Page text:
UPDATE: anti-flag measure vetoed at UC Irvine
- UCI’s student government’s executive members voted to veto legislation that banned national flags from its “inclusive” main lobby.
- Reza Zomorrodian, the ASUCI president, called for a special closed meeting Saturday afternoon.
- Zomorrodian has vocalized his disapproval of the legislation since it passed and said most students share his sentiment.
Led by student body president Reza Zomorrodian, the Executive Board of the Associated Students of the University of California, Irvine (ASUCI) voted to veto the legislation banning flags from an “inclusive space” during a specially-called meeting Saturday afternoon.
As originally reported by Campus Reform, a group of ASUCI members passed legislation that outlawed all flags, especially the American flag, from the student government’s main lobby as the lobby is an “inclusive space” and flags could represent hate speech. The American flag in particular, the bill stated, can represent exceptionalism, superiority, and oppression.
Speaking with Campus Reform Friday evening, Zomorrodian said that he was pushing for a unanimous veto among his executive members as it’s “very important that [the ASUCI executive cabinet] stand strong and say ‘this is not something we agree with.’”
Since the legislation was passed, Zomorrodian, a senior political science major, has been outspoken about his disapproval of the flag ban.
“I stand firmly against this piece of legislation, though I understand the authors [sic] intent and supporters intent, I disagree with the solution the council has come to,” Zomorrodian said in an official statement.
The executive board, made up of five members, needed at least three votes in order to override the legislation. As it has been vetoed, the bill will head to the legislative council where it will need a two-thirds majority vote in order to override the veto.
While he said he didn’t want to speculate, Zomorrodian did say he was “confident” that the majority of UCI students did not agree with the ban on flags.
“This is not a widely shared opinion,” he said of the legislation. “There’s been a lot of uproar on campus. This is something students care about. This is something students are confused about.”
Sharon Shaoulian, a third-year political science major, told Campus Reform that she, as a daughter of Israeli immigrants, was “ashamed” of her peers who authored and proposed the resolution, as well as those who voted for it.
“I think they represent a perception of this generation as ungrateful and moronic,” Shaoulian said. “This university, as part of the UC-System, accepts and offers more and more aid to students of color and illegal/undocumented students. America has given these students opportunities beyond their dreams, and they spit in the face of our nation.”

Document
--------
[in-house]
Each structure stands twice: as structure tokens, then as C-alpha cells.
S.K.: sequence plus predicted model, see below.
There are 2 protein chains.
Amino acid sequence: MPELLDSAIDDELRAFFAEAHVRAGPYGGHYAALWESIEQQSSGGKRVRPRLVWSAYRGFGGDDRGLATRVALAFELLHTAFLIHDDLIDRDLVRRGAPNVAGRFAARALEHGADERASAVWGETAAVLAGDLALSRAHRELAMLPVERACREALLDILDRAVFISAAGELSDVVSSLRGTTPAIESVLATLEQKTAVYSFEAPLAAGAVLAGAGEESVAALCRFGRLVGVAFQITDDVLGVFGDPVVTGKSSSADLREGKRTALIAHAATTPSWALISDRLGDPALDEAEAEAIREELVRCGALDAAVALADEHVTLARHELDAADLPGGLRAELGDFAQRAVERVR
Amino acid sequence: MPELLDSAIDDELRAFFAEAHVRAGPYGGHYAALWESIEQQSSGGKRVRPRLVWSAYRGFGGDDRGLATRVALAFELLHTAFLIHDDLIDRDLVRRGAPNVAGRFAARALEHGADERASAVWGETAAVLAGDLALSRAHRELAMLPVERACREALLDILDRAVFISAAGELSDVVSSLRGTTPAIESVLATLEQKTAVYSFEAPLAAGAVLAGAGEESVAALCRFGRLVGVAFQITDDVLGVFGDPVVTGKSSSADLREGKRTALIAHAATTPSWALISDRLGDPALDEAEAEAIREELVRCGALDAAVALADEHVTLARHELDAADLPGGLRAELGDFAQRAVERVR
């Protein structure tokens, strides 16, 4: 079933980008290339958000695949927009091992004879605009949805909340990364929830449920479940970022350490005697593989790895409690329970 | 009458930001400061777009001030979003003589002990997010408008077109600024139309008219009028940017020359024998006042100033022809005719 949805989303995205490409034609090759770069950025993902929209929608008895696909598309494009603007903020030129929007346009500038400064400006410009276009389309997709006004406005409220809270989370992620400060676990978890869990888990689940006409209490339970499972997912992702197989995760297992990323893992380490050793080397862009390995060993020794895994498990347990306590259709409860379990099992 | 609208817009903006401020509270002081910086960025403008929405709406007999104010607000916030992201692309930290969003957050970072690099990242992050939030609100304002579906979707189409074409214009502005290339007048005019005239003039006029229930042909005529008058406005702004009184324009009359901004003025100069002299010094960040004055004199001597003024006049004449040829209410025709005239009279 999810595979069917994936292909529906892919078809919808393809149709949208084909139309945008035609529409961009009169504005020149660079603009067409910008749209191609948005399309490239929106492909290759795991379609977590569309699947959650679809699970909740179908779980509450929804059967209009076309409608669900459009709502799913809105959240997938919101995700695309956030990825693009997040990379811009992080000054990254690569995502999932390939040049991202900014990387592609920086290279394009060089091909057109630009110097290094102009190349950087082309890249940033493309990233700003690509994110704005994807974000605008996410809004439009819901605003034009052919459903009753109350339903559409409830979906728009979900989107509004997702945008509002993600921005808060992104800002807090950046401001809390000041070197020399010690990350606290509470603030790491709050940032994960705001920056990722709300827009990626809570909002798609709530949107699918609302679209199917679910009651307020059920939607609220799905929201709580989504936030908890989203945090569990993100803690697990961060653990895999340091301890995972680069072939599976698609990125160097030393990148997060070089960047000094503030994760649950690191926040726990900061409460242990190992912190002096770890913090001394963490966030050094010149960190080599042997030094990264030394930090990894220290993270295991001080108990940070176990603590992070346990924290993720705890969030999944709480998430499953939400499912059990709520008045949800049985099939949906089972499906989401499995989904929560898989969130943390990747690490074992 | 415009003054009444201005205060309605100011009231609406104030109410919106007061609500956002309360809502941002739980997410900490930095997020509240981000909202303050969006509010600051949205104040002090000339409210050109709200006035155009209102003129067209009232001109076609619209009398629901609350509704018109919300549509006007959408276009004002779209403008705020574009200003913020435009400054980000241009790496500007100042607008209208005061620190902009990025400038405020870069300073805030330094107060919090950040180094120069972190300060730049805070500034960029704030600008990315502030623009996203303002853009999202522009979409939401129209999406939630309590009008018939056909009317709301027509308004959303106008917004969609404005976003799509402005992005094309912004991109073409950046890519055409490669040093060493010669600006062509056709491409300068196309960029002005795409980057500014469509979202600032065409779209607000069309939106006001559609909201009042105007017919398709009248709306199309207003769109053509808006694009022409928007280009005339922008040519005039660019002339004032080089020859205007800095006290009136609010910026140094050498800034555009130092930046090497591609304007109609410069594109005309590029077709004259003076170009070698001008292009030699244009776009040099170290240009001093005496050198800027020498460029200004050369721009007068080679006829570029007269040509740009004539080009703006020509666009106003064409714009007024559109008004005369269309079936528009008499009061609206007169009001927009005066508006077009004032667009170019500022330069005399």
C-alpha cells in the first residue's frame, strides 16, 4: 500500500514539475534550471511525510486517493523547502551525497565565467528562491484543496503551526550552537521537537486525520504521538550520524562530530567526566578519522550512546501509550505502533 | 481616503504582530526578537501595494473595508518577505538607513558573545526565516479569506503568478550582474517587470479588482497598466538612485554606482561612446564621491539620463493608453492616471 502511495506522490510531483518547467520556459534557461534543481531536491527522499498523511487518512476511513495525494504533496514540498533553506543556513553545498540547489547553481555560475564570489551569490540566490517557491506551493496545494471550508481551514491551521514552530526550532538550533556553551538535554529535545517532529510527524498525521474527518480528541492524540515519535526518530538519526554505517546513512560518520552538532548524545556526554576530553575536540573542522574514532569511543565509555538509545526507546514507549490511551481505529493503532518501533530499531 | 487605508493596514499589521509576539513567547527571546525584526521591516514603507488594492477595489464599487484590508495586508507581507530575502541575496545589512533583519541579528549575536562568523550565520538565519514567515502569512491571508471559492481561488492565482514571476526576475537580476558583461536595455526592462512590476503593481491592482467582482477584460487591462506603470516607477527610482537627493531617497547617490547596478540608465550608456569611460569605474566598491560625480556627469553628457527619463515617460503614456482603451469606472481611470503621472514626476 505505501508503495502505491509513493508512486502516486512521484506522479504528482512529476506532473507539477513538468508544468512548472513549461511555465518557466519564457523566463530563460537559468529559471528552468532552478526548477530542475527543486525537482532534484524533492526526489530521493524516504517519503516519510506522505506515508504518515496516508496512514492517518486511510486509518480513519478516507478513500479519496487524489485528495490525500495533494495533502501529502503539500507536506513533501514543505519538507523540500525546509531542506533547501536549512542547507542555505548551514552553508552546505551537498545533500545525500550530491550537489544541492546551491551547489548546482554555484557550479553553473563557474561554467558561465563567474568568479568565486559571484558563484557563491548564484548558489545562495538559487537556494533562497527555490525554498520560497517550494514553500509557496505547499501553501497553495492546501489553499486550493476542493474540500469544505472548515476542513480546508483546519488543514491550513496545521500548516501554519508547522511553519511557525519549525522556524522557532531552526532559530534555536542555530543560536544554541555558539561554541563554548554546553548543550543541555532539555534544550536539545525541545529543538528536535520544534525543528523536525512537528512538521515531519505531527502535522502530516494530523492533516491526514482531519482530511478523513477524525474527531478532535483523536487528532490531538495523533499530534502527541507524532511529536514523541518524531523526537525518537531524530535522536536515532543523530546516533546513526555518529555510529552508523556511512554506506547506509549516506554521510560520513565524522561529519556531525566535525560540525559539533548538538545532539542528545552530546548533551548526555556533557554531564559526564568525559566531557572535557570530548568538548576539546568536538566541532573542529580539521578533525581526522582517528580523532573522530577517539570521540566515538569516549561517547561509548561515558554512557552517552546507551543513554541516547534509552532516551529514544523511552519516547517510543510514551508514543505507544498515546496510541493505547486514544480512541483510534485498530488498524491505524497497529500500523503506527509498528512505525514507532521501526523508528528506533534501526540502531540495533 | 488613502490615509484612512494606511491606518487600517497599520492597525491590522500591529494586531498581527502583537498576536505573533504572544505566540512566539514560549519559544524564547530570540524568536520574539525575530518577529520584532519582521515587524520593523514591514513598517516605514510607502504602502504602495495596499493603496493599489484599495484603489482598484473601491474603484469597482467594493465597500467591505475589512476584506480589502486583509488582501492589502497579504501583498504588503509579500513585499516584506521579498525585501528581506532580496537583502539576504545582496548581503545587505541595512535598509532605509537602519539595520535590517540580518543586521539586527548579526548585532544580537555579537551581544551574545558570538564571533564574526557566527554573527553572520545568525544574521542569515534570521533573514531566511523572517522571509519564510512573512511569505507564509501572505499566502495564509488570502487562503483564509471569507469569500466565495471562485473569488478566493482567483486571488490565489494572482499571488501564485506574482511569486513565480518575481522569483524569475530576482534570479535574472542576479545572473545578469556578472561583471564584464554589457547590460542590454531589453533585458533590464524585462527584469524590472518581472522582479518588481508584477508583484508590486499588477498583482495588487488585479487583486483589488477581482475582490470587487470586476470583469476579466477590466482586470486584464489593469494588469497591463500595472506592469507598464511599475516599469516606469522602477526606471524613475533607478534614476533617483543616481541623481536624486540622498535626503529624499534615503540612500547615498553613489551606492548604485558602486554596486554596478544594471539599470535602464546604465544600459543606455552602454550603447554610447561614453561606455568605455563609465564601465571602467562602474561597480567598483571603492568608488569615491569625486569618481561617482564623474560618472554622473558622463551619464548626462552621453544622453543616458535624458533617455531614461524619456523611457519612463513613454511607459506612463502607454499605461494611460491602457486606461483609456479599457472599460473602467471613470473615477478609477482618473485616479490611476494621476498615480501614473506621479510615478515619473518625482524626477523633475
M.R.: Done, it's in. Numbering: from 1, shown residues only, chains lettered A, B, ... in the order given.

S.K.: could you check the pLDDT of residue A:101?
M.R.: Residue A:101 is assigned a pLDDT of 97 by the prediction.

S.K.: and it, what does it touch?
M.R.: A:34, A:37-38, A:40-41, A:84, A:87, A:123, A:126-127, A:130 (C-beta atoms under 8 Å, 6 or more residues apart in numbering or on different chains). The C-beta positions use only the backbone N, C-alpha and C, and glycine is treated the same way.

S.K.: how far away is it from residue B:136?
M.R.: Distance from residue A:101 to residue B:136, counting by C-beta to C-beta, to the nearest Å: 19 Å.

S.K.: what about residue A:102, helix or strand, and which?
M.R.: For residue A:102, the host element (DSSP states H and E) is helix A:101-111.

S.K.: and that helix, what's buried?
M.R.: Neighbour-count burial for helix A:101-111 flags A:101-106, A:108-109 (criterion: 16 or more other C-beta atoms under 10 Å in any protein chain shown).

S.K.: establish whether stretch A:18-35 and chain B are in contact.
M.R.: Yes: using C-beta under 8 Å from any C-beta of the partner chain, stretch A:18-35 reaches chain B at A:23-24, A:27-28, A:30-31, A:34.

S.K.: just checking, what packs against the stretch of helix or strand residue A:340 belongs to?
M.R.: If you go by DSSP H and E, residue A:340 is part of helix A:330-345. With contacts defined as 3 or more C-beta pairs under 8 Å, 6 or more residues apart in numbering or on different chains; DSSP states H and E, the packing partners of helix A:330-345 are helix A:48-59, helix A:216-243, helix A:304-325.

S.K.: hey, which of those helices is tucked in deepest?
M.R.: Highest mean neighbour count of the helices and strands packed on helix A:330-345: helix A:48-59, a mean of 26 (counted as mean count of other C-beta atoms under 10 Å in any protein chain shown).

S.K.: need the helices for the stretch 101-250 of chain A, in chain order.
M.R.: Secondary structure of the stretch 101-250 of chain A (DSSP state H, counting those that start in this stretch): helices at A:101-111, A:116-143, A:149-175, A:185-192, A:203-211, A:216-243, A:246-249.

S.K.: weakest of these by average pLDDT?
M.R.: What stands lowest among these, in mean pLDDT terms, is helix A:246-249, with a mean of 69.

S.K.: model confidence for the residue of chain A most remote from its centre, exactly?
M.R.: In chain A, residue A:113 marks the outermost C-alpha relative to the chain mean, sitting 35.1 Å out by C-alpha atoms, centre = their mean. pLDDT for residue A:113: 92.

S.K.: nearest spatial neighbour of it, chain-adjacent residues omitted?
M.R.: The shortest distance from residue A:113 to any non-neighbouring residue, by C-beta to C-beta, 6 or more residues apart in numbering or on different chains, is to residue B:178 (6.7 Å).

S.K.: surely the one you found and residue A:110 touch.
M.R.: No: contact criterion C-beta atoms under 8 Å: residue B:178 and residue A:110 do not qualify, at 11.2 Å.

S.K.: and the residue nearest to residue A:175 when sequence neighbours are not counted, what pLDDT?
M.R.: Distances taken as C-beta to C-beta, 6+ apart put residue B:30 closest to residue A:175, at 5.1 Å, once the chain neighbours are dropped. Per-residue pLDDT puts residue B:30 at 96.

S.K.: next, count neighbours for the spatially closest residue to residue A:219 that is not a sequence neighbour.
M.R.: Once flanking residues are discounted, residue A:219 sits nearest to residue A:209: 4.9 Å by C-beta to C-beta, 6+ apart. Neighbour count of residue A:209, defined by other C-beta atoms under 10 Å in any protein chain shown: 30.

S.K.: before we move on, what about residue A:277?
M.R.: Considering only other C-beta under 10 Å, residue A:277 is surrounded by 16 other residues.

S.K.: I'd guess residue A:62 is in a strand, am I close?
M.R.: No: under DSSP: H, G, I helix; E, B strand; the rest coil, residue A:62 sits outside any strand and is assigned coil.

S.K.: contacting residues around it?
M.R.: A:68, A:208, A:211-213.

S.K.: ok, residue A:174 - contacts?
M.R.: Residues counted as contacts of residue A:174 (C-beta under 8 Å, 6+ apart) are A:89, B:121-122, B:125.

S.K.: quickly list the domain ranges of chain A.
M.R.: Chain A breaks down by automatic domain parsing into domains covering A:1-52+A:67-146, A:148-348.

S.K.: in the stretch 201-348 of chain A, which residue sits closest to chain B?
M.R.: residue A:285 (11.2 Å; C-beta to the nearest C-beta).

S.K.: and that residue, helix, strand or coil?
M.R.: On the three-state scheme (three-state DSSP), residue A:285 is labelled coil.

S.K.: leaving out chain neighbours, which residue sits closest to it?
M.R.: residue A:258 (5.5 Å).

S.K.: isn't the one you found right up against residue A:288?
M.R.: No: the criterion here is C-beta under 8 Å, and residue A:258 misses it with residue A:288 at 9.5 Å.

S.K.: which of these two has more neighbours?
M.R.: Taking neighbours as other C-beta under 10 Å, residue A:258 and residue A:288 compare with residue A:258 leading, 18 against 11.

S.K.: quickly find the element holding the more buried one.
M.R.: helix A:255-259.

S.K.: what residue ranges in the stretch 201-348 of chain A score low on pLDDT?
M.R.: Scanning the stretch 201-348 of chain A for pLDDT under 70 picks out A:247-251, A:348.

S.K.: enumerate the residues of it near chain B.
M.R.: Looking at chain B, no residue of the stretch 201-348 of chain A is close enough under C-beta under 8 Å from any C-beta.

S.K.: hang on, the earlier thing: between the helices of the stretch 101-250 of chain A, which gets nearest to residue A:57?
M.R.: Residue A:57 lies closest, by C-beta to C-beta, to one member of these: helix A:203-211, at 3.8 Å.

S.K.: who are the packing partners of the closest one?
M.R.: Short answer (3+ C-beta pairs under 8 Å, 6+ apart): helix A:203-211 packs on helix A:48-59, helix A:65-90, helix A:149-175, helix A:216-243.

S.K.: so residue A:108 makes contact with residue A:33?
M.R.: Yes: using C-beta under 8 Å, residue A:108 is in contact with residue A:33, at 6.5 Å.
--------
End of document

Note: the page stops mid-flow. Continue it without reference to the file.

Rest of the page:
"These students don't appreciate a country that has given them the right to sit in their position and vote for a measure that would ban the American flag from this part on campus," Shaoulian continued. "They don't even comprehend that being able to vote for it, is something worth praising our country for."
Despite the media attention UCI has received since Friday morning, Zomorrodian said he was glad for the “healthy debate” that has occurred among students. He said it was “ironic” that such a strong debate over the American flag—and whether or not it’s considered “hate speech”—has sparked on campus as the American flag embodies students’ First Amendment rights to have such discourse.
Zomorrodian told Campus Reform that his role as ASUCI president can be challenging and compared his role to that of President Obama’s struggles with the current Congress and Senate.
“That’s the tough part about having a democracy—sometimes the policy you want doesn’t get passed through,” Zomorrodian, who is currently applying for graduate schools in North Carolina, said.
According to him, the agenda for Saturday’s closed meeting also included budget talks and other typical ASUCI matters.
Authored by Matthew Guevara, the original legislation passed with six yea votes, four nay, and two abstentions.
In a Facebook post Friday evening, UCI seemed to make light of the legislation.
“Have a wonderful weekend! And contrary to what you might be hearing, flags are still flying at UC Irvine,” the post, accompanying a photo of an American flag, read.
UCI, a public research institution, is part of the 10 campuses which make up the UC-System across the Golden State.
Follow the author of this article on Twitter: @K_Schallhorn